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Article
November 21, 1966

Physicians Request Practical Education

JAMA. 1966;198(8):49. doi:10.1001/jama.1966.03110210023013

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Abstract

Medical academicians have failed to develop meaningful programs of continuing education for practitioners, asserts George E. Miller, MD, director of research in medical education at the University of Illinois College of Medicine.

The researcher stirred controversy at a recent meeting of the Section on Continuing Medical Education, Association of American Medical Colleges, by attacking the programming of continuing education.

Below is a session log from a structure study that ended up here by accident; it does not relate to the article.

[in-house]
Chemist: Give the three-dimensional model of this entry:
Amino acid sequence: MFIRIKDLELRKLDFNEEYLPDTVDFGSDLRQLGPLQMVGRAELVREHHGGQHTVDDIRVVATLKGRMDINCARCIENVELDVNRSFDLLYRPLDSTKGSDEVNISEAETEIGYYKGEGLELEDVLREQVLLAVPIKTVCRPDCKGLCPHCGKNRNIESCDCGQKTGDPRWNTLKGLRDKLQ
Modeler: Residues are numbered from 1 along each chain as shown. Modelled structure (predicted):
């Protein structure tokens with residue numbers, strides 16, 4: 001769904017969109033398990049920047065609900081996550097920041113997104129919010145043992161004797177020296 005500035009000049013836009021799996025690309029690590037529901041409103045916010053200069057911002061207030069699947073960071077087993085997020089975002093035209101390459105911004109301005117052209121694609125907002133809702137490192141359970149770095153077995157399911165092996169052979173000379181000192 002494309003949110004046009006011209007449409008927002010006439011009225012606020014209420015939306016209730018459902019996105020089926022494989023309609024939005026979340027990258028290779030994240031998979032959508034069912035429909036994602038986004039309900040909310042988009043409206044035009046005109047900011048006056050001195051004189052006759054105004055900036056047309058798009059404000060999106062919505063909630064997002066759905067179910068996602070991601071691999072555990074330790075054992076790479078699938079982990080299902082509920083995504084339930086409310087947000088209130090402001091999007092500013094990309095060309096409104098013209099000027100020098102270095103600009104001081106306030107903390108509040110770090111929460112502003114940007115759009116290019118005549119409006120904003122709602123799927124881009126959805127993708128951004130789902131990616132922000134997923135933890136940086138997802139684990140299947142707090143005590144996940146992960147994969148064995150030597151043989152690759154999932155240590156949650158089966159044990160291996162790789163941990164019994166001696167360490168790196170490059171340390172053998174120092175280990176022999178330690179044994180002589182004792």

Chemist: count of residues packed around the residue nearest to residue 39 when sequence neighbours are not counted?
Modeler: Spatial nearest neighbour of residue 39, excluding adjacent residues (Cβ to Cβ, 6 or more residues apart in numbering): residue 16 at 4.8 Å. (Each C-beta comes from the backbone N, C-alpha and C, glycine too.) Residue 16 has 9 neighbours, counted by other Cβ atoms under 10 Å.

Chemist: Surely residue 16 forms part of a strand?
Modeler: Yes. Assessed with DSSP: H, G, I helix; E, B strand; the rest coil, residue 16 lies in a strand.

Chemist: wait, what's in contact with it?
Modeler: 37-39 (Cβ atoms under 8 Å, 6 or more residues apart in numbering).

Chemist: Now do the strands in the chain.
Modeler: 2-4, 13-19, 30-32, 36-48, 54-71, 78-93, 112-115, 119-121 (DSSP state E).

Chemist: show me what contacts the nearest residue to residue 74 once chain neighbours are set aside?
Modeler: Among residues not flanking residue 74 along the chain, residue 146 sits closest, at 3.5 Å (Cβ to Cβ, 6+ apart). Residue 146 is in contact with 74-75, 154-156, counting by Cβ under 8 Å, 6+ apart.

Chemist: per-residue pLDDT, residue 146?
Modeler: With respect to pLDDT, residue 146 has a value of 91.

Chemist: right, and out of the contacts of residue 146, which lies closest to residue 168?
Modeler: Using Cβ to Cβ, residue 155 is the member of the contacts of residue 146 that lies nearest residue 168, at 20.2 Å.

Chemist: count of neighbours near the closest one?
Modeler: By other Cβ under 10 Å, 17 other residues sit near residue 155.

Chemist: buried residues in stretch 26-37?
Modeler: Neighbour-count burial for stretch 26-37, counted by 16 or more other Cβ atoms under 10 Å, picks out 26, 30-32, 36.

"... lest there be any doubt, let me state bluntly the conclusion to which I have been led by the inescapable evidence of our failures: we have been educating for the wrong thing," he said.

Dr. Miller said the basic purpose of continuing education is to improve the quality of patient care.

Programs of continuing education, he said, are based upon a categorical content model which, in turn, is based upon the assumption "derived from the long tradition of the schools" that the practitioners who learn more about topics will transform this

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